What do you think gave you an edge over the other applicants?

Group Therapy's picture
Rank: Gorilla | 595

I recently received a question from a young monkey looking for a SA position. They asked, "what do you think gave you an edge over the other applicants when you interviewed for your current position?" Below is my response, but I am curious to see what other monkeys would have said. What is your edge?

Persistence in Networking for IBD

Personally, it was my drive that set me apart. You have to want it so bad that you do everything in your power to get the job. This includes contacting people at that company for informational interviews, studying that company (deal flow, big news, management, ect.), knowing as much as you can about the position and simply getting in front of people. It is very likely that you are at least a 3rd degree of separation from someone at that firm. Most people do what I listed above, but where people go wrong is that they don't follow through. Once someone at the company doesn't respond to an email or says sorry there is no position at this time, they quit. If you are serious about working there, don't quit.

Stay in contact with them; ask to talk to other people at the company. That is the drive, that is the hunger. I can't tell you how many times I have been told no at first, but I stayed in contact and people realized that I was genuinely interested in working there. Stay in front of people. If they actually like you, they will help you. If you look like you are just interested in a job and don't care about anything else, they won't care what happens to you...be real, be personable, stay in front of people. I did this and those people pulled for me big time in the interviewing process.

Be Prepared to Explain Why Investment Banking?

Another key factor are great stories, you must have great stories of why ibanking or why their company or why this position. This story has to get the attention of the person interviewing you. They talk to tons of people, find a way to stand out from the crowd. I'll usually mention my story of being a first generation college graduate and that when I was 8 years old I met a finance industry CEO who gave me a financial calculator and became my mentor/reason for getting into finance. People are usually interested in one of those stories and I go into greater detail. You have to make them remember you.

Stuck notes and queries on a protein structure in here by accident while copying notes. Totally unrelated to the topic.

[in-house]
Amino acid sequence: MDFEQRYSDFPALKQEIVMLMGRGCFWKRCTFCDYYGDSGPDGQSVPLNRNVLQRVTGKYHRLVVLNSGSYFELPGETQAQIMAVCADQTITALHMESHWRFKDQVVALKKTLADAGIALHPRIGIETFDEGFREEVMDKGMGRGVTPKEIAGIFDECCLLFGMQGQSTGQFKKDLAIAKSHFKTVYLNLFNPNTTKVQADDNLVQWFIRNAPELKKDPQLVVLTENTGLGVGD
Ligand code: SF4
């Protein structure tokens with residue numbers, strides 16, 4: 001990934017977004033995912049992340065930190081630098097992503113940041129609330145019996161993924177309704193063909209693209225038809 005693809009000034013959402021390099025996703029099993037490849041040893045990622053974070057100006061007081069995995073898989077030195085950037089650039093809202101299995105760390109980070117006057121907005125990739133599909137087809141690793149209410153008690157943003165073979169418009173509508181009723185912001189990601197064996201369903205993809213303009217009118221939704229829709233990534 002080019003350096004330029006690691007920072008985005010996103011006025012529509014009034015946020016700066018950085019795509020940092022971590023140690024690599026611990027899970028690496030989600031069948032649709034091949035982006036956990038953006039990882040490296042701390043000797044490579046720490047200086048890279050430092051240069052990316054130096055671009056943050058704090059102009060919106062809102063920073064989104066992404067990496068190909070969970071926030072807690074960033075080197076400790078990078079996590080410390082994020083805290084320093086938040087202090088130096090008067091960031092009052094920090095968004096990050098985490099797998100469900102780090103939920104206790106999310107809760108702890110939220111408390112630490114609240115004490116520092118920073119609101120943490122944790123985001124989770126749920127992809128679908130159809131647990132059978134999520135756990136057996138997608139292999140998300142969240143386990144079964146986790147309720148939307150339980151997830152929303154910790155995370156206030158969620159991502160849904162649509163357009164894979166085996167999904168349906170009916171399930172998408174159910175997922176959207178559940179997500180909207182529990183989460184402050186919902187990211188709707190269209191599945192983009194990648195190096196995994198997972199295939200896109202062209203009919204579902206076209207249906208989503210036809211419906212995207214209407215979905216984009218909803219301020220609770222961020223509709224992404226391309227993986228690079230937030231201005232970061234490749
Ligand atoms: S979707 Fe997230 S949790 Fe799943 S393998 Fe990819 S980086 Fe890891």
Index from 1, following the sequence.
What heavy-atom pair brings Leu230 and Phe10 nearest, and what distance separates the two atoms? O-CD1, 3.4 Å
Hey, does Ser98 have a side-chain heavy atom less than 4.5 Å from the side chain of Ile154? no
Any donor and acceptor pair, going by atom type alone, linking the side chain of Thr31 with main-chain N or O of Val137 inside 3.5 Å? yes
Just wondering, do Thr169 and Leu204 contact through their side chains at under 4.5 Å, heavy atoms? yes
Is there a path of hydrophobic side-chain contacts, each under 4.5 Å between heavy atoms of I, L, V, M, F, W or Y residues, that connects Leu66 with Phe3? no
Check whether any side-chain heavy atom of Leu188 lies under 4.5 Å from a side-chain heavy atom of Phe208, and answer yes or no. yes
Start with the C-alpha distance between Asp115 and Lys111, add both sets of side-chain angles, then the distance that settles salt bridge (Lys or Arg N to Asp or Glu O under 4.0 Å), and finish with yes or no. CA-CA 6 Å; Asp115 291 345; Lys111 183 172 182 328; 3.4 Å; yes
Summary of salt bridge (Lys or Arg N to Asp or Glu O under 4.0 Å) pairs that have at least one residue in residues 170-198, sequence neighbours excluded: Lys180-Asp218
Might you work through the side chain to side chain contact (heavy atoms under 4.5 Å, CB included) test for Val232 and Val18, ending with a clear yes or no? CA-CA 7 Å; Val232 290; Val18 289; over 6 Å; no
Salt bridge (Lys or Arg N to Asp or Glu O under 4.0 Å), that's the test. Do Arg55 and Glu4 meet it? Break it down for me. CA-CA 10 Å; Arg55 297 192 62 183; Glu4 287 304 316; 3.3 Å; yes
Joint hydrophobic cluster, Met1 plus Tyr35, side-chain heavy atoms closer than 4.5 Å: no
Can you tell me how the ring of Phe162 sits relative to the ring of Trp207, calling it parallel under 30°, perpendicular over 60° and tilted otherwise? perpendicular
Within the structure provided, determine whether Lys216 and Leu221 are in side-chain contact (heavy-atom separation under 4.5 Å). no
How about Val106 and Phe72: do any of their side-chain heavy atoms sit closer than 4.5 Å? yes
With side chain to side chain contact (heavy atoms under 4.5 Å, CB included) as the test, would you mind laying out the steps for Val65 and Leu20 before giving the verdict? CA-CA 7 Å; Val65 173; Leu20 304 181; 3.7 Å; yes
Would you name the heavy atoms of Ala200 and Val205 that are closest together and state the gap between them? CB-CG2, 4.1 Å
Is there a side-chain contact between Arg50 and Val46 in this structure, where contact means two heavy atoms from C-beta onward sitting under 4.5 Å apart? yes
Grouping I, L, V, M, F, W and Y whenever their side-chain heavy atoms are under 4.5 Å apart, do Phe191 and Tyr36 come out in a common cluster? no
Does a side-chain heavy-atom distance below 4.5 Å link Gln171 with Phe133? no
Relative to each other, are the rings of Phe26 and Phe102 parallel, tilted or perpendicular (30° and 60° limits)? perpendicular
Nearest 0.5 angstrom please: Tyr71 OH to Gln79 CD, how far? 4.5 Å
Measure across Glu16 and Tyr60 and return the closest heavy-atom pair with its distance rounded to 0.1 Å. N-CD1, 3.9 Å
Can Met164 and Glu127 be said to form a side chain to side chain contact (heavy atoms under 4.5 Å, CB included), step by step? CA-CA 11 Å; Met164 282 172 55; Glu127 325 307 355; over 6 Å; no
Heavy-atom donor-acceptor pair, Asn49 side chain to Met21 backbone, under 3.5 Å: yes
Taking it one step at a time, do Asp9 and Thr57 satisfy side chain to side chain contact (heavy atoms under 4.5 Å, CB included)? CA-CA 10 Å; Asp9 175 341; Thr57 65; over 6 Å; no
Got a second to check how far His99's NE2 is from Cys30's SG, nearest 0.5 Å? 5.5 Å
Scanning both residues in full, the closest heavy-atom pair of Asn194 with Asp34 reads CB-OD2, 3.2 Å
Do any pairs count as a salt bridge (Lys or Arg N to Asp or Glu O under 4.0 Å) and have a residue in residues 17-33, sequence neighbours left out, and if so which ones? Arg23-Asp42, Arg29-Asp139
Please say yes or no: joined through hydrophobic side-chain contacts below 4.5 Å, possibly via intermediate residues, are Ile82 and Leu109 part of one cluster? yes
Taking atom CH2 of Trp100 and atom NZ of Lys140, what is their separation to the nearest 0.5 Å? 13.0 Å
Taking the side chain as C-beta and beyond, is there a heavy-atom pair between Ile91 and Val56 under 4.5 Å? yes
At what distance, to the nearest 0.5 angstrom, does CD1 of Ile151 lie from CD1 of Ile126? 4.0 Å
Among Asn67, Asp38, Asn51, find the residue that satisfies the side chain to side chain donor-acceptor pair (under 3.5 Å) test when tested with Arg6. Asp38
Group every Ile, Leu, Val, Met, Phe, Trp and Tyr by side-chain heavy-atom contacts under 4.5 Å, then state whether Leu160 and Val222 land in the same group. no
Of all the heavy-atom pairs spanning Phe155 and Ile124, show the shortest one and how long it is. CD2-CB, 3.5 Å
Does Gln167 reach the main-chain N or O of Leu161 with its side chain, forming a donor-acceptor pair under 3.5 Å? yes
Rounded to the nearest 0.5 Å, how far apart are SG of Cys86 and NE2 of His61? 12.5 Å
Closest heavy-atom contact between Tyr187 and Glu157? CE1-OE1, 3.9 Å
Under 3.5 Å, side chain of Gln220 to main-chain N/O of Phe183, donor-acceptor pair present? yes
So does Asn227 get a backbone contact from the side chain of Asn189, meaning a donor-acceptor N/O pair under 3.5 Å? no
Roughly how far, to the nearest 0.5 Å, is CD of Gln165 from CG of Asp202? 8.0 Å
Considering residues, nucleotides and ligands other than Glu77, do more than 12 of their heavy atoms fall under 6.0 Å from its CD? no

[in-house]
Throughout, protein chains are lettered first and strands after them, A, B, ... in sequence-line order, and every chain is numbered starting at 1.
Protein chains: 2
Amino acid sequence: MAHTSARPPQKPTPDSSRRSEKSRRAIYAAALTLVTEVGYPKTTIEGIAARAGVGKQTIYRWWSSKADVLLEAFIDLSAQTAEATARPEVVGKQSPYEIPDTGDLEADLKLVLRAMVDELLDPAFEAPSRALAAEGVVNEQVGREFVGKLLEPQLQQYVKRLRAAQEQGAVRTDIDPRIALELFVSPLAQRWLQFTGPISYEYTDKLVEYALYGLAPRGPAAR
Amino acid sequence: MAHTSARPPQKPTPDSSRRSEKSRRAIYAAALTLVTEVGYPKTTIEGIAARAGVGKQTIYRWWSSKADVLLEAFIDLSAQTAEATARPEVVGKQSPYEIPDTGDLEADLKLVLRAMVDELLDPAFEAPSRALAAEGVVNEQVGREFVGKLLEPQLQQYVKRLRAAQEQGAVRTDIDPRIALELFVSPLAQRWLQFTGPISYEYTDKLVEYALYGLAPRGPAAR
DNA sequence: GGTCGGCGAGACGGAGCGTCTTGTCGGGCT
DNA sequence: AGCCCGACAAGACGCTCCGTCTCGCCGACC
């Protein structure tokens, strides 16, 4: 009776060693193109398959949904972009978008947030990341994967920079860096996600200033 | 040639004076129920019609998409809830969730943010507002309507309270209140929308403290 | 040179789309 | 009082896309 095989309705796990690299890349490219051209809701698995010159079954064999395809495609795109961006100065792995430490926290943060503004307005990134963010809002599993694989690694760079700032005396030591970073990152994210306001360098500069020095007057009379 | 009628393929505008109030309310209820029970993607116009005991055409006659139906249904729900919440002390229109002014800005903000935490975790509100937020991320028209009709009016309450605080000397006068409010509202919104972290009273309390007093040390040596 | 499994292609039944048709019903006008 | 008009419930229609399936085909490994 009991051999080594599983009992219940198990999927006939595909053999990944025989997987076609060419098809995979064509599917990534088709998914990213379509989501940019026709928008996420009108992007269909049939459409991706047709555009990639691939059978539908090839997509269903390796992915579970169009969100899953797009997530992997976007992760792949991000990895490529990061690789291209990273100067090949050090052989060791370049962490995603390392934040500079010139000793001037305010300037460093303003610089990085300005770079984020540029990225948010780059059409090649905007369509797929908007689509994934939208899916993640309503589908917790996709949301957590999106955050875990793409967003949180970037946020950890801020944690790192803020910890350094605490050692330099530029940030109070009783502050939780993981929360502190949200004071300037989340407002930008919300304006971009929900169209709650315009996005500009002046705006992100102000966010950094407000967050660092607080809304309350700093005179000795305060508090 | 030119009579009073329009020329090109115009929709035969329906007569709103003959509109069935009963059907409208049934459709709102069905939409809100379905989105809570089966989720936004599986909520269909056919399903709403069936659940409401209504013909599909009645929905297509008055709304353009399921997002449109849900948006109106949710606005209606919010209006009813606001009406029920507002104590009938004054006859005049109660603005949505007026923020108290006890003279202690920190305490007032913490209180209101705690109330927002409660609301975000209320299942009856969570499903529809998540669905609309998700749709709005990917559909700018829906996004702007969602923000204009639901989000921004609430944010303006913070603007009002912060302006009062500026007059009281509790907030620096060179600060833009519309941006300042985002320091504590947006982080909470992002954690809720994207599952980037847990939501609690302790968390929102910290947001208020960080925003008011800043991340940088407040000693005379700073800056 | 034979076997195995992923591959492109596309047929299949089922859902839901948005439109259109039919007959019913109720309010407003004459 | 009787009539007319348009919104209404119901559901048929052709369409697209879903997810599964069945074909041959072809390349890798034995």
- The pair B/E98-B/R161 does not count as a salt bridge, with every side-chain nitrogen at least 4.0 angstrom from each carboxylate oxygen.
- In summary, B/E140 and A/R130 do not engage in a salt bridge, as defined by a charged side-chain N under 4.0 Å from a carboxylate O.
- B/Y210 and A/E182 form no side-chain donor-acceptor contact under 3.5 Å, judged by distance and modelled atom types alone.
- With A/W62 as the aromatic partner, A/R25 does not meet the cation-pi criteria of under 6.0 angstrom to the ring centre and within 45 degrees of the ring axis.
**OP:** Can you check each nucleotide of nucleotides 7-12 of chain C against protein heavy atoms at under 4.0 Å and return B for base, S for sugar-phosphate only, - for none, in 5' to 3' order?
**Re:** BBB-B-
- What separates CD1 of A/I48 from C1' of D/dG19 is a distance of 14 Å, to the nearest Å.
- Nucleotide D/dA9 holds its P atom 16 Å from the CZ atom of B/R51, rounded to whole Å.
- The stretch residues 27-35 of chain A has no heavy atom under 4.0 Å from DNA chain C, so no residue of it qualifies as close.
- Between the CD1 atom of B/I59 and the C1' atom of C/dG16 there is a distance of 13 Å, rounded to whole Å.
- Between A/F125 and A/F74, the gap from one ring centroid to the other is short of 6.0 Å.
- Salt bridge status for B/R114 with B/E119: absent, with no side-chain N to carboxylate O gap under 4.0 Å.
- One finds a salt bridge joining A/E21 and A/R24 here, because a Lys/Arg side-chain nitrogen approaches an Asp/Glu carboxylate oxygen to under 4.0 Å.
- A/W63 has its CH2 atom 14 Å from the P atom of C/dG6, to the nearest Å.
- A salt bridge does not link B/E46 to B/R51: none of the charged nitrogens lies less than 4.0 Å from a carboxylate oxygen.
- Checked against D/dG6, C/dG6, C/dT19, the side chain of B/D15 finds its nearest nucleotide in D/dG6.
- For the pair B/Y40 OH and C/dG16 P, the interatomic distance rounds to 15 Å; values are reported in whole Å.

Humility is Key in the Interview Process

Last, but not least, stay humble. No one wants to work with someone that thinks they are god's gift to the world. It always surprises me when I interview someone and they are super cocky/arrogant, they never get the job. You are a first year analyst or a summer analyst, act like one. A lot of kids come walking in the interview like they are the next Jamie Dimon, great if you think that, but if I don't think you will be easy to work with then you won't stand a chance.

Learn more about the importance of networking in the video below.

Read More About Recruiting on WSO

Preparing for Investment Banking Interviews?

The WSO investment banking interview course is designed by countless professionals with real world experience, tailored to people aspiring to break into the industry. This guide will help you learn how to answer these questions and many, many more.

Investment Banking Interview Course Here

Comments (46)

Oct 22, 2014

Nice! SB!

"I do not think that there is any other quality so essential to success of any kind as the quality of perseverance. It overcomes almost everything, even nature."

Best Response
Oct 22, 2014

I feel that you don't need to be really special to go through the interview process successfully. It's just a matter of not making mistakes. There are only a few things that you need to do:

-Know some reasonable teamwork stories and a reasonable why IBD and why company x story. Don't use that fast paced/ International exposure crap that everyone uses and could be applicable to so many different industries. It should be very specific to finance and m&a in particular.
-Know your technicals cold, you should be able to answer any technical question that they could give you without having to think for a second. You wouldn't believe how many people can't answer a simple accretion/dilution question or some LBO/DCF/valuation question. If you are set on IBD, it's really not much of an effort to just understand the whole Rosenbaum book and WSO guide PERFECTLY. When you are the only interviewee that could answer the harder questions, your chances of proceeding are very high.
-be normal, polite, professional, not socially awkward.

There really are not many people that tick these three boxes, focus on them and you'll be fine.

    • 5
Oct 22, 2014

Couldn't agree more with you OP

I was asked why you over any other candidates in an interview one time - I told the interviewer that he could rip my resume blank and just leave my name and the words "work ethic". Think that's why I got the job.

    • 3
Oct 22, 2014

Couldn't agree more with you OP

I was asked why you over any other candidates in an interview one time - I told the interviewer that he could rip my resume blank and just leave my name and the words "work ethic". Think that's why I got the job.

Oct 22, 2014

My Irish Catholic sense of guilt that fuels a martyr complex, demonstrated through my taking perverse pleasure in relentless, soul-crushing work above and beyond normal human limits.

    • 3
Oct 22, 2014

Knowing more people

Oct 22, 2014

My last name

    • 1
Oct 24, 2014

Which is?